Agave spirits rule the world. From mezcal to tequila to pulque and now raicilla. Have you ever heard of raicilla? Or better still have you ever tasted it? In this article, we'll equip you with all you need to know about this agave spirit. So, here we go.
Raicilla is one of the Mexican agave spirits, and it undergoes distillation from its genus agave, just like mezcal and tequila. Essentially, raicilla was a Jalisciense mezcal, and in January 2019, it received a Denominación de Origen (NOM), and this application gave rise to controversy. The NOM allowed raicilleros to create and sell their spirits within the region of the Mexican state of Jalisco. The agaves involved in the production of raicillas included angustifolia, agave maximiliana, silvestri, inaequidens, rhodacantha, and valenciana, with the exceptions of Azul. Most of the production takes place between November and May, and the production styles and areas include:
De La Costa — more sub-tropical and northern, and rise from the upland of the sea with smoky and fruity characteristics.
Sierra — possesses the highest number of distillers and often offers more complex and herbaceous characteristics
Southern — retains a very long tradition and has the most diverse technical styles and agave plant varieties.
The production of Raicilla takes place at an elevation of 2,000 meters with silvestri, mezcal bruto and pulquero. One liter of the spirit from about 30 kilograms of the wild pinas, and these pinas are harvested randomly at 2,100 m within a radius of 50 km. Some of the harvested pinas weigh even more than 50 kg. In this process, the team uses mules to carry water to the site from a spring located 2 miles away, and they use the water in different stages of the production process.
To cook the pinas, the team places oak logs at the bottom of the oven and then sets them on fire. They then add about 100 pinas to the pinas, cover it with canvas and then layer the oven with mud.
After three days of cooking, the team removes and places the pinas for crushing on a pad with a mule-driven stone wheel. They then put all the fiber and juice into the fermentation vats.
Fermentation is a natural process, and the production of Raicillas does not involve the use of yeast. In 5 to 10 days, the beer will have fermented properly before distillation, whereby the oak oven maintains a constant temperature.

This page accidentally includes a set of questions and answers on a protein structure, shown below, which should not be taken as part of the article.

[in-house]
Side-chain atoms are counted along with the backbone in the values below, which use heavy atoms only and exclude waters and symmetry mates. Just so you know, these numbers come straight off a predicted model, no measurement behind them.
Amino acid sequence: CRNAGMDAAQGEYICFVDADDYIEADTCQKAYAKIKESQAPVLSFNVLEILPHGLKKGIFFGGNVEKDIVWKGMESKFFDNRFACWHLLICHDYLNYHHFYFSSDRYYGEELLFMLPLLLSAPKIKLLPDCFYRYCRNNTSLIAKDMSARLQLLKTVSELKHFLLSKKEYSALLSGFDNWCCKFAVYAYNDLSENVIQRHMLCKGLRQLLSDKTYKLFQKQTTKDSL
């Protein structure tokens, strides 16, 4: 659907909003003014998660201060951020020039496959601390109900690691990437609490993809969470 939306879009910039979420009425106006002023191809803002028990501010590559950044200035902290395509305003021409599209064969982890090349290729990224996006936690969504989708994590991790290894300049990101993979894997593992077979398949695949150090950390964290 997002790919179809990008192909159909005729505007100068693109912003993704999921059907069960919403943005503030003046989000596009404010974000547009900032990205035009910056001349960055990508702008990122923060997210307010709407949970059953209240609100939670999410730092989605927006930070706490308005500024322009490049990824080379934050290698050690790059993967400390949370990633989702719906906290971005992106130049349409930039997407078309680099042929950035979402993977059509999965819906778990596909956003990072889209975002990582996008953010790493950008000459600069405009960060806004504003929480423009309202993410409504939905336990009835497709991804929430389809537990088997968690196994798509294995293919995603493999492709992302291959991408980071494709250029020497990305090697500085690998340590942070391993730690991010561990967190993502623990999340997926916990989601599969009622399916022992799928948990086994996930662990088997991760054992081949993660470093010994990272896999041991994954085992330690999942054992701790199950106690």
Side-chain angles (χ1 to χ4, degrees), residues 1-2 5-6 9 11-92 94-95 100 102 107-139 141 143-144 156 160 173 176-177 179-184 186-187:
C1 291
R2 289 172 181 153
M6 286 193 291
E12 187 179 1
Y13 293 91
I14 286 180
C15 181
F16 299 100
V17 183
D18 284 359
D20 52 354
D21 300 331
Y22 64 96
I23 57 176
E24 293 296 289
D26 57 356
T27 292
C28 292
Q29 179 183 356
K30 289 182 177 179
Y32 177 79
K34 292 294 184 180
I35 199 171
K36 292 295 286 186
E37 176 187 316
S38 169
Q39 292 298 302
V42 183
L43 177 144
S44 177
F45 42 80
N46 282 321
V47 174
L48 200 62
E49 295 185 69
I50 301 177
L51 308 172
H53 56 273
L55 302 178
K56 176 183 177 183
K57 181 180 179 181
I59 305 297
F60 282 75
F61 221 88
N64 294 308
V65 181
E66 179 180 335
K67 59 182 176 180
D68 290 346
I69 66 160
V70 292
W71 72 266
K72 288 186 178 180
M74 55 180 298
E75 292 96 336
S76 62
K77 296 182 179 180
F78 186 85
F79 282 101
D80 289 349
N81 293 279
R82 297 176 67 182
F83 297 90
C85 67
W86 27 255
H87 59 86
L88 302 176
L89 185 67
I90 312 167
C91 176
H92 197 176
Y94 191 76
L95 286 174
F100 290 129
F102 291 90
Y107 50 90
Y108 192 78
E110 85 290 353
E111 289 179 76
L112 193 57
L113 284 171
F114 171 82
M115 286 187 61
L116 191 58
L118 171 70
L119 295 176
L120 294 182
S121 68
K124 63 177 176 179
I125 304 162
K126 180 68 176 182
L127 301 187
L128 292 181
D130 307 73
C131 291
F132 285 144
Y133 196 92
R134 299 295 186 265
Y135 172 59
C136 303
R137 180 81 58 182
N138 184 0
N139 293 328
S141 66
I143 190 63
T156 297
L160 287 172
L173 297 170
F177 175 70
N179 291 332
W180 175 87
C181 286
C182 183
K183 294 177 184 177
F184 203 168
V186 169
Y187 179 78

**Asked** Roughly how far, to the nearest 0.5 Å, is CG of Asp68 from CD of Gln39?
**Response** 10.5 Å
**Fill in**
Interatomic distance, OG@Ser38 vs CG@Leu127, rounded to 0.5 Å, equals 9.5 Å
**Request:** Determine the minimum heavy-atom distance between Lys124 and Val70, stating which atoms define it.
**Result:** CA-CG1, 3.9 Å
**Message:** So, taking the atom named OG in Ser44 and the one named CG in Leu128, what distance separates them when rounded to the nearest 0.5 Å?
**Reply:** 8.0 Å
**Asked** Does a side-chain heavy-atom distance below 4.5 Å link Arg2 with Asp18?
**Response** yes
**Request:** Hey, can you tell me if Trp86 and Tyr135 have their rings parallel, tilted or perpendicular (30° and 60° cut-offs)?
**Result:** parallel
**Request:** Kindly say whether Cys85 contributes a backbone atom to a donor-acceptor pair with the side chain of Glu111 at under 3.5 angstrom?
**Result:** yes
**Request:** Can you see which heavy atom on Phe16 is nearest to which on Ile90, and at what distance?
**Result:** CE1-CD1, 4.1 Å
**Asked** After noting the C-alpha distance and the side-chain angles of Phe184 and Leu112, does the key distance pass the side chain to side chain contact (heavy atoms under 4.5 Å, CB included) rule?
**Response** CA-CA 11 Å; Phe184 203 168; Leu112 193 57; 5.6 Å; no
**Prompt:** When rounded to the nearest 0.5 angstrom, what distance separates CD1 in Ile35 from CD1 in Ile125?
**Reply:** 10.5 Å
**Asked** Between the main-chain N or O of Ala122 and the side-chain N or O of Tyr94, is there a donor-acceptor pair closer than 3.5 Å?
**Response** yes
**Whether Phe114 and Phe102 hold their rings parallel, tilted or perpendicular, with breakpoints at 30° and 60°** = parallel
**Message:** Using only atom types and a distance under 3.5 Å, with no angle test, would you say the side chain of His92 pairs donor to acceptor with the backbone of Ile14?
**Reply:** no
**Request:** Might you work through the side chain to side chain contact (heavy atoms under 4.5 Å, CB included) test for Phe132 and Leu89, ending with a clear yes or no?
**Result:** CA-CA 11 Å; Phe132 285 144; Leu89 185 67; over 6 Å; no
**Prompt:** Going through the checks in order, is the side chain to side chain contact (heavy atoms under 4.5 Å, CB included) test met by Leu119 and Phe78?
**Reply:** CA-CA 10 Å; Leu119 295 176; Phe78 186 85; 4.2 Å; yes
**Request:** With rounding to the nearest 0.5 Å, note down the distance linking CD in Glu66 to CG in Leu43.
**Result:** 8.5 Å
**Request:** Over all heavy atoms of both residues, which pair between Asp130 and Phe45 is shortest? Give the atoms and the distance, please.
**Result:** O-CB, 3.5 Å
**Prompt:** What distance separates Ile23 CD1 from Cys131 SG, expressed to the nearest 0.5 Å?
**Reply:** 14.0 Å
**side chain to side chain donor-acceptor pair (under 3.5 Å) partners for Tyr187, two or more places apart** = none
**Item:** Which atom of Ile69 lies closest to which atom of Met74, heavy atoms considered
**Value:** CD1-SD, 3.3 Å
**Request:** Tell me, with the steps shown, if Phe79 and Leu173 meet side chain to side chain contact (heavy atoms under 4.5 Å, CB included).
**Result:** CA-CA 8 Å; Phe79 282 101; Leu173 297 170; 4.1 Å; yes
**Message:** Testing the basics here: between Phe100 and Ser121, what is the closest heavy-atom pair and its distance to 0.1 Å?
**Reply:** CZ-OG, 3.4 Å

The team then wheelbarrows the pulp after fermentation to the distillation vessels, where they add water to dilute and prevent scorching of the juice. At this point, sealing the cooking vessels using pulp helps to trap smoke and to manage the heat within the vessels. Once the mash has heated to boiling, the spirit comes off at an ABV of 20%. Some of it proceed for second distillation to an ABV of 50%. Blending down the two distillates brings about an ABV of 40%.
Types of Raicilla
Balam Costa (Orange Label, Joven)
Balam Costa raicilla undergoes double-distillation in a clay pot still with Filipino-style. It is very rustic compared to Anejo. This spirit tastes well in a mixture of citrus-forward and herbal cocktails, and it has enough depth and character that stands up even in a mix of powerfully herbaceous drinks.
Palate: It has a tangy and bright acidity with orange oil, gravel, and clay notes.
Finish: Almost metallic and herbal finish of green tea tannins and thyme.
Balam Madurado (Green Label, Anejo)
Anejo raicilla is entirely different from Balam's joven, although they both undergo open-air fermentation and double-distillation. The difference comes in whereby Anejo raicilla undergoes aging inside glass carboys undergoes. This type of aging softens and mellows the spirit, making the sharp acids more lactic. This is an excellent spirit to taste, especially when neat.
Notes: Green olives
Touch: Rich and round with hints of wet stone, cheesy funk, and white pepper heat.